Defending Against the Dr. Oz Spam Plague

OzThere probably isn’t a spam mailbox in the universe that doesn’t contain an email claiming to be from Dr. Oz touting some health product.   It is like an electronic plague.  The Dr. Oz in question is Dr. Mehmet Oz, a physician who has used his television show to educate the public about medical and health issues.   Some of his positions are controversial, but generally he offers sound and informed advice.   However, his shows (he’s done over 800 of them) have raised public awareness about some products that spammers have seized upon to sell.  But the one ailment that the good doctor has been unable to cure is the plague-like proliferation of spam “Oz-mails” bearing his name.

The Dr. Oz Show has produced over 800 shows in five seasons that bring new actionable information that the spammers can deploy immediately. Items mentioned on the “The Dr. Oz Show’s” resulted in the emails that pitch green coffee bean extract, raspberry ketones and garcinia cambogia, among others.  Similarly ubiquitous banner ads featuring Dr. Oz endorsements have saturated the Internet,on sites like Facebook, Google, Amazon and YouTube targeting consumers with misleading advertising for products that may have been mentioned on the show.

The Dr. has posted a webpage explaining that he is not sending, endorsing or profiting from these illicit emails.   His name and likeness are being used against his wishes.   But because most of the spammers operate outside of the U.S., he (and the government authorities) are helpless to put an end to the onslaught.   Still, he recommends that submit a brief report on the spam email.    Of course, we all receive so many of these Oz-mails that reporting everyone is a bit overwhelming.

The important thing to know is that when you receive an Oz-mail is that he hasn’t sent it, hasn’t endorsed it and, according to the doctor, he has no financial interest in any of the products or treatments that he discusses in his show.   We would certainly hope that to be the case, as it would create potential conflicts of interest.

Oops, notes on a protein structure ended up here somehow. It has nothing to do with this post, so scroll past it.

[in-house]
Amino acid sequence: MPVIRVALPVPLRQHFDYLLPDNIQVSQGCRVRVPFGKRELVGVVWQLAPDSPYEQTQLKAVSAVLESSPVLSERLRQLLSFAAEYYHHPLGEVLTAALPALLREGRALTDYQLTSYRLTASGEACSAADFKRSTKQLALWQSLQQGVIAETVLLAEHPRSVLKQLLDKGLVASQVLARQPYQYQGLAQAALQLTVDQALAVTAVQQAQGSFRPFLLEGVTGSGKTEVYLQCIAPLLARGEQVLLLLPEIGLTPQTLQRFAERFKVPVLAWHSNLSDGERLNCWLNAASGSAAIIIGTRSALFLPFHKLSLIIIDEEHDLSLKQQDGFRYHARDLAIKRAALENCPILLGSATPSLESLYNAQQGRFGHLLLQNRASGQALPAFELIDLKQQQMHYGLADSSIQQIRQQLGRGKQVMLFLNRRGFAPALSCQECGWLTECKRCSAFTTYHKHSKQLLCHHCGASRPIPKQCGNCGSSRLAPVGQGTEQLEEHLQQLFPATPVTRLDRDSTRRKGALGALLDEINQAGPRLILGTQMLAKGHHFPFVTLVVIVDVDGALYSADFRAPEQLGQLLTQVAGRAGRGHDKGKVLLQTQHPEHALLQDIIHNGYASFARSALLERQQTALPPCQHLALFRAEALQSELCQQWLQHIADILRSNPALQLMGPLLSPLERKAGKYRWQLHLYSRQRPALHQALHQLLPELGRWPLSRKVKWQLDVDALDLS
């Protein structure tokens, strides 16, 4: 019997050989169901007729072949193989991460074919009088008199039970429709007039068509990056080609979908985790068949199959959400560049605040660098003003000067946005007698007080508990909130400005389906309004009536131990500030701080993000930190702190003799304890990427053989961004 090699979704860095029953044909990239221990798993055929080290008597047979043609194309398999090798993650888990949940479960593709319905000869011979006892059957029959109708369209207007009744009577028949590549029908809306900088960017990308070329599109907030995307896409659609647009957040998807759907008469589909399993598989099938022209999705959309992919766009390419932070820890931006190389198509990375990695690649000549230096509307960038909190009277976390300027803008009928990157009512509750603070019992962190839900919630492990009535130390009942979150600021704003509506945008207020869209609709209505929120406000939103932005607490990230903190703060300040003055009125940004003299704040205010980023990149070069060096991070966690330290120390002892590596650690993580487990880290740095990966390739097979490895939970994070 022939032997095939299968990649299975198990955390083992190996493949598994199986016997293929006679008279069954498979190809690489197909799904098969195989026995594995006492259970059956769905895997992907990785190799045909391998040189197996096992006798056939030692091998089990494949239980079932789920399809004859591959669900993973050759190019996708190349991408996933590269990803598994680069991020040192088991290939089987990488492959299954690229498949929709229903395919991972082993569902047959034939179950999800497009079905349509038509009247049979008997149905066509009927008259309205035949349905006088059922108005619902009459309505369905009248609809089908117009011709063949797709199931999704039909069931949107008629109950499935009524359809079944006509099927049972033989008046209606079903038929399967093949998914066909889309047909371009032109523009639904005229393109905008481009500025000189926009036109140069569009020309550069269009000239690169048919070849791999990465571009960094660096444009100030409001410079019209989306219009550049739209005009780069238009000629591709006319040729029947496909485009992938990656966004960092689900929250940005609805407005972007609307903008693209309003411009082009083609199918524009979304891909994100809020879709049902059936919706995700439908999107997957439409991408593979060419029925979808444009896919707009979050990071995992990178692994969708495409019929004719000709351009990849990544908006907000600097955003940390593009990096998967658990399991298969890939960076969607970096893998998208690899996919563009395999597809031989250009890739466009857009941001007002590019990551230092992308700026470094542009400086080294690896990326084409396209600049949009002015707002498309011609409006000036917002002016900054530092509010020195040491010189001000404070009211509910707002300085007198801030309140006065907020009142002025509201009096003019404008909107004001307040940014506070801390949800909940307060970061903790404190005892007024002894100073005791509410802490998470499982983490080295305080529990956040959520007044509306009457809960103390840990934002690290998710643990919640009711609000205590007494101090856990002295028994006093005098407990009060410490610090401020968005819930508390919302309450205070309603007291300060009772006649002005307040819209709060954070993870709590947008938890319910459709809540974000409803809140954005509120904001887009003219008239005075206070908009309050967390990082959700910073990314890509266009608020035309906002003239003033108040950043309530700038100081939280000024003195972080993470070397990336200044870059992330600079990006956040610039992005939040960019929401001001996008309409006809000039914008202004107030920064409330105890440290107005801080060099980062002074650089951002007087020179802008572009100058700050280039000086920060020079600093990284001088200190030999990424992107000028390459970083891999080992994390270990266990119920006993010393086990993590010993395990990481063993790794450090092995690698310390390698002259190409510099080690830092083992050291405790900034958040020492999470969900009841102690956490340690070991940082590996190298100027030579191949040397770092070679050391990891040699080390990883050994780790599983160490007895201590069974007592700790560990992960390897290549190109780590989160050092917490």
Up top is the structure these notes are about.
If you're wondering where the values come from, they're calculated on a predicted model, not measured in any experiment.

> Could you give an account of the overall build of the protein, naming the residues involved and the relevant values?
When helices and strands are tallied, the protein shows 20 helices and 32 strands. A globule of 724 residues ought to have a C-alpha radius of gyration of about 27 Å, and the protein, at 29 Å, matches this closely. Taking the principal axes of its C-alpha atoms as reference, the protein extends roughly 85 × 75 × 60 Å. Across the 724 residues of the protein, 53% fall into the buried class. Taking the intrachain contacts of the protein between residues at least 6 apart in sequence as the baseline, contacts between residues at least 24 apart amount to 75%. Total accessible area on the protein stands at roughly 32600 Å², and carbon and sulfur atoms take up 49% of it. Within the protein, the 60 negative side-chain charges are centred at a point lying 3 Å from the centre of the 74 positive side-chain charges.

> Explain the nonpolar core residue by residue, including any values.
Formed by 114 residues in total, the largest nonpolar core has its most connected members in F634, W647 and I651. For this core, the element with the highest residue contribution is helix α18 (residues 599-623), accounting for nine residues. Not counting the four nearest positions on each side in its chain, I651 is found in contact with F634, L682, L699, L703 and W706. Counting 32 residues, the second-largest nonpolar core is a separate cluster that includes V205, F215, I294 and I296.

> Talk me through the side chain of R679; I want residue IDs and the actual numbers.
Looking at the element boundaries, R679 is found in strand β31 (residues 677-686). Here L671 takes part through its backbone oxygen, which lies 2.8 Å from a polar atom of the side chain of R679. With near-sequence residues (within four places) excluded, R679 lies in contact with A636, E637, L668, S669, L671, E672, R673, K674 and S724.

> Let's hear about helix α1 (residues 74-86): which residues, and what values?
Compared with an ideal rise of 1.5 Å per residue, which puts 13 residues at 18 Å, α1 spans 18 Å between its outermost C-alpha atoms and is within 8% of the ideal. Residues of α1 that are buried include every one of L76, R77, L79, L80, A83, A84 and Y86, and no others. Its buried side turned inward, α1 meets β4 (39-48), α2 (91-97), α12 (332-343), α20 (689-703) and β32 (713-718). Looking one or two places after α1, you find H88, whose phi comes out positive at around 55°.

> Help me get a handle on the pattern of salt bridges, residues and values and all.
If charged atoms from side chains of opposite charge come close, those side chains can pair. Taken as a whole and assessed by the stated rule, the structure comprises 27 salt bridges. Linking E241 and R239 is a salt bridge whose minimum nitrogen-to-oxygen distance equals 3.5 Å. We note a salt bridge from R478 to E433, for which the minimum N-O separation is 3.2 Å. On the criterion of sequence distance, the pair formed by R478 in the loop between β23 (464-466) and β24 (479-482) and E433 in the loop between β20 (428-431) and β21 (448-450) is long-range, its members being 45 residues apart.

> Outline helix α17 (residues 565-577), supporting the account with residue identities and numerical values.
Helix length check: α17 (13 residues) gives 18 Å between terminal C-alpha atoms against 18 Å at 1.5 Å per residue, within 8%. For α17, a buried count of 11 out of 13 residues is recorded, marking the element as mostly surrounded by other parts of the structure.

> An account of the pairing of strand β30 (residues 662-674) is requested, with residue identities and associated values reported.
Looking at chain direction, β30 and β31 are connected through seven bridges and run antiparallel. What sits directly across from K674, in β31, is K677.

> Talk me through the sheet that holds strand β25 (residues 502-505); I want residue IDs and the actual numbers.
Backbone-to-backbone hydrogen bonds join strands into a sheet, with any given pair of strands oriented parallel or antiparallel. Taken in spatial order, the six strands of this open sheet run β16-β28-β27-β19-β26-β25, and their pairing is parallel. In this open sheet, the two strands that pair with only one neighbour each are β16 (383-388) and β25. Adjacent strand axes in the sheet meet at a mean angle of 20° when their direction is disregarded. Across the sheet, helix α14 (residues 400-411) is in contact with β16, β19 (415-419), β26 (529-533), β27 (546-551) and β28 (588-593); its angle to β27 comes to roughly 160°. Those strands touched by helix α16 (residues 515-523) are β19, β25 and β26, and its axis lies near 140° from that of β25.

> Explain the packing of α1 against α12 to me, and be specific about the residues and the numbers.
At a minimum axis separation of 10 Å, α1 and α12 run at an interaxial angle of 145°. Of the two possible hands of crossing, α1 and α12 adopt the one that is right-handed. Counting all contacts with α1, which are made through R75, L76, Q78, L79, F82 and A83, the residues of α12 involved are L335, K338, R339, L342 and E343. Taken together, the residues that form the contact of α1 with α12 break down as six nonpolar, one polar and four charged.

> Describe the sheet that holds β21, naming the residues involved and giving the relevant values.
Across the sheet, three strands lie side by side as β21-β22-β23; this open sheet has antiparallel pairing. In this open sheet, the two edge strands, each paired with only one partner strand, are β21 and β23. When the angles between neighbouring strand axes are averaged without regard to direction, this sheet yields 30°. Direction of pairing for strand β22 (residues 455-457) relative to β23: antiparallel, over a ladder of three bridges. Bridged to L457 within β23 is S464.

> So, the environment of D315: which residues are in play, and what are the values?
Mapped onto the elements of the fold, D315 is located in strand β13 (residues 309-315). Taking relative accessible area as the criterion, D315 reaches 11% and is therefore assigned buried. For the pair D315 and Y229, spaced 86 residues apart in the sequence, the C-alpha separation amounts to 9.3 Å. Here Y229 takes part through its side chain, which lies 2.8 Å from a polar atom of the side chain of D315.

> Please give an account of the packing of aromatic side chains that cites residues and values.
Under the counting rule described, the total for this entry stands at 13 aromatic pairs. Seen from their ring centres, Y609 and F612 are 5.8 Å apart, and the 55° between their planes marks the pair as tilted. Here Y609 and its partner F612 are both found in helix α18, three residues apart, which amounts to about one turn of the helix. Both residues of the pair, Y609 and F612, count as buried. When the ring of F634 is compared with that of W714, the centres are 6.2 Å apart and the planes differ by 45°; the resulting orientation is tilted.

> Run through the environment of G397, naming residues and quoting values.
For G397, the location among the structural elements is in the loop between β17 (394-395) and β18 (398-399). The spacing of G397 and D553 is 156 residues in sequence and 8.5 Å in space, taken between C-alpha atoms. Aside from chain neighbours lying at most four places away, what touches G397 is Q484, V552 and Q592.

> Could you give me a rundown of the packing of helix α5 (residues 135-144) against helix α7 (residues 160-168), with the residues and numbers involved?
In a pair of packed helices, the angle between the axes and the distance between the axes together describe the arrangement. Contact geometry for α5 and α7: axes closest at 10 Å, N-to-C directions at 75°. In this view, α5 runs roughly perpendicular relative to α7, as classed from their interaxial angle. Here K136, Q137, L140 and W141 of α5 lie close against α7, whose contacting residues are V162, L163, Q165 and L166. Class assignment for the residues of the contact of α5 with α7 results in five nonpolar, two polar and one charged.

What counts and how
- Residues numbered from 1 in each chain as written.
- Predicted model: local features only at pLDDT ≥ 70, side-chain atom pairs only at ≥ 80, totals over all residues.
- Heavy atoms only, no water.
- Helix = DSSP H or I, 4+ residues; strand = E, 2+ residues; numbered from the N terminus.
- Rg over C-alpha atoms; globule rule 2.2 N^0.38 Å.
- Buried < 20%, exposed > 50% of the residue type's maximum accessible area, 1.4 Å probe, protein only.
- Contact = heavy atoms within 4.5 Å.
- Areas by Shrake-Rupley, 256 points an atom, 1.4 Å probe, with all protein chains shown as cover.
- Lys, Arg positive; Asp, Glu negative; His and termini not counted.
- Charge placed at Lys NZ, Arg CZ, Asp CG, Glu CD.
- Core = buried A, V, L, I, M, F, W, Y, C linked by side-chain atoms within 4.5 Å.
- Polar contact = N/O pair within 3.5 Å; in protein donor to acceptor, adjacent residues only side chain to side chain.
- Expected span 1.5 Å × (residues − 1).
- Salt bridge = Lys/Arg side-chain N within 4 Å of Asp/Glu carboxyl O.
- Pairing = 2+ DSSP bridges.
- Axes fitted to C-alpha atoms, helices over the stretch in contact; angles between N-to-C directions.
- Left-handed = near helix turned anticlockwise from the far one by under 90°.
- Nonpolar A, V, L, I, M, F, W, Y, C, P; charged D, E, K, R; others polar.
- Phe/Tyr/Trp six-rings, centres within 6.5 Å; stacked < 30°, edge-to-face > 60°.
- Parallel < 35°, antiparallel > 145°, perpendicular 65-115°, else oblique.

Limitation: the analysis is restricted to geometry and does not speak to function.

The bad news is that there are few, if any, feasible treatments to help reduce the Oz-mail onslaught that accumulates in our spamboxes.  One thing you can do is to create a filter in your email program/server and have all emails containing “Dr. Oz” redirected directly to your trash.    Some email services also allow you to block emails based upon content.   This is a bit more complex, but may be worth trying.    Ultimately, Oz-mails are like germs.   If you use good Internet hygiene and avoid them….like the plague….., you should be safe.


3 replies
  1. PJ Hunter
    PJ Hunter says:

    I believe it was an ad on facebook. I trusted it because it had your picture on it. not really sure if your name was there.. I ordered slim fit 180 and the charge was to be 3.86. at the end it added on another charge for 1.95 for a cleanser I didn’t want. it happened so fast I just said OK. They took those 2 amounts out of my bank on 11/25/16, then on 12/7/16 they took out another 99.90 and 59.92. WHAT! What a scam. I haven”t opened it. I am afraid to take it now, knowing how dishonest they are.
    I called the number on the box and complained and they said they would refund 50%, then after I said I was calling BBB and filing other complaints they said they would refund 75%. Number was 855-475-3667. mailed from
    Fulfillment center PObox 61553 Savannah GA31419.. Blame myself for being stupid. site

    • admin
      admin says:

      There are so damn many, that they can’t catch all of them. But they probably catch most of them. This post is for the few that sneak through.


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